During development, individual neurons extend highly branched arbors that innervate the surrounding territory, enabling the formation of appropriate synaptic connections. The clustered protocadherins (cPCDH), a family of diverse cell-surface homophilic proteins, provide each neuron with a cell specific identity required for distinguishing between self versus non-self. While only 52 unique cPcdh isoforms are encoded in the human genome, a combination of stochastic promoter choice and the formation of a protein lattice through engagement of adjacent cPCDH protein cis/trans-tetramers confer the high degree of cellular specificity required for self-recognition. Studies of mice bearing deletions of individual cPcdh gene clustees have identified deficits in circuit formation and behavior. In humans, single nucleotide variants scattered across the cPCDH locus have been identified, which associate with multiple neurodevelopmental disorders, including autism and schizophrenia. To advance our understanding of cPCDH stochastic choice and maintenance, function across cell types, and contribution to neuropsychiatric disease pathogenesis, hiPSC-based models have been developed. Ultimately, integration of human genetic data, biochemical assays, and functional studies is needed to uncover the mechanism underlying neurite repulsion, which has been implicated in neurodevelopmental disorders.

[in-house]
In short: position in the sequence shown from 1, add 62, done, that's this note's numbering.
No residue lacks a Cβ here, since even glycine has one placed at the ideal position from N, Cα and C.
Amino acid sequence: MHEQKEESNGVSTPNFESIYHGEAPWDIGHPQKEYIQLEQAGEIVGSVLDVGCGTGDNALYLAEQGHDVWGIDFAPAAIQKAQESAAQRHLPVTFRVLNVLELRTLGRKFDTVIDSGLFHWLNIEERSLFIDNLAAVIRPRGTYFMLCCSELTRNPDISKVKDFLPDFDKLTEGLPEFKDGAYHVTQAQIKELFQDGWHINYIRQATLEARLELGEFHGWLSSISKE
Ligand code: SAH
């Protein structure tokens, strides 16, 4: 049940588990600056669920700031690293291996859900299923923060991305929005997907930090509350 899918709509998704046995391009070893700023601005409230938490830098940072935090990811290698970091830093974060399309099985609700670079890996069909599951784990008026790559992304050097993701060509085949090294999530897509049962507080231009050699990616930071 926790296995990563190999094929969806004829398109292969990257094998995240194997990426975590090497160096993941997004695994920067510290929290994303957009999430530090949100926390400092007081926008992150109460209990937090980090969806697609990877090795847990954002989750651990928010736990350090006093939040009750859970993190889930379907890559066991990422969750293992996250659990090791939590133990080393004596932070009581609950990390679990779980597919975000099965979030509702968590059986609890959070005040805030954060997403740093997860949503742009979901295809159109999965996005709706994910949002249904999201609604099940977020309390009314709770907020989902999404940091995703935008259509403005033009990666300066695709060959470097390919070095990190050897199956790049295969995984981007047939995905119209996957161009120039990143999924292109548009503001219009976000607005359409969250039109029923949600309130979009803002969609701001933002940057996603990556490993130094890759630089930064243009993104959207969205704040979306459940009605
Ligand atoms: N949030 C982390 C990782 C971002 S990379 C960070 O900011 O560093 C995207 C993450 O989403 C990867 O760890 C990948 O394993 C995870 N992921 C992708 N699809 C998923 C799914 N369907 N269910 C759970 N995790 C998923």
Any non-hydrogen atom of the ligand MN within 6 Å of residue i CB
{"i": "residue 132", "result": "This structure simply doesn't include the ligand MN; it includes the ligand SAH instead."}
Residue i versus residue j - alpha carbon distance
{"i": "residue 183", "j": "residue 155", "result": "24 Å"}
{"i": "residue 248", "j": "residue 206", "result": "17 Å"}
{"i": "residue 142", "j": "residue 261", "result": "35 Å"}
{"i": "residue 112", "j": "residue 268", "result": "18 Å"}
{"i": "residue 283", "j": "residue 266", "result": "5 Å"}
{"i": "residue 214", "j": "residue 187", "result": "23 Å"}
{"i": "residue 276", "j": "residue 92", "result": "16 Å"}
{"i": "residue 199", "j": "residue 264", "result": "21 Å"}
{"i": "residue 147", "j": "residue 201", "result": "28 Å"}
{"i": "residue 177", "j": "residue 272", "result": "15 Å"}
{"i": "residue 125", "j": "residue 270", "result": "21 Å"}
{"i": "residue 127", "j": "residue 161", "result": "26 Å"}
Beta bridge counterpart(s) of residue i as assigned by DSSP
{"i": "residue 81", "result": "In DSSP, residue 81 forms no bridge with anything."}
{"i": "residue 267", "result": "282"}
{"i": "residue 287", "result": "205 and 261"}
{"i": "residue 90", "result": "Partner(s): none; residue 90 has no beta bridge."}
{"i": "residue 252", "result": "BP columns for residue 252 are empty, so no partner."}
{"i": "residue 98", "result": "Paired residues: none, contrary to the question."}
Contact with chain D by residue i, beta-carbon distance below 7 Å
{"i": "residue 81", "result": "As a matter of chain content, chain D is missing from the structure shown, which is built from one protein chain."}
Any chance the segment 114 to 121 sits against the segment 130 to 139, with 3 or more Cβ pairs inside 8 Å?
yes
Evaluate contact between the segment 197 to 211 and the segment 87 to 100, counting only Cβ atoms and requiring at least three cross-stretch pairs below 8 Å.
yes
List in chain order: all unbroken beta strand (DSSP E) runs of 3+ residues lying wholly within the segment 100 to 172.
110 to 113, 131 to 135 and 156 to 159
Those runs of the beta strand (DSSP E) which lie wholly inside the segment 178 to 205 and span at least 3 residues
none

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References

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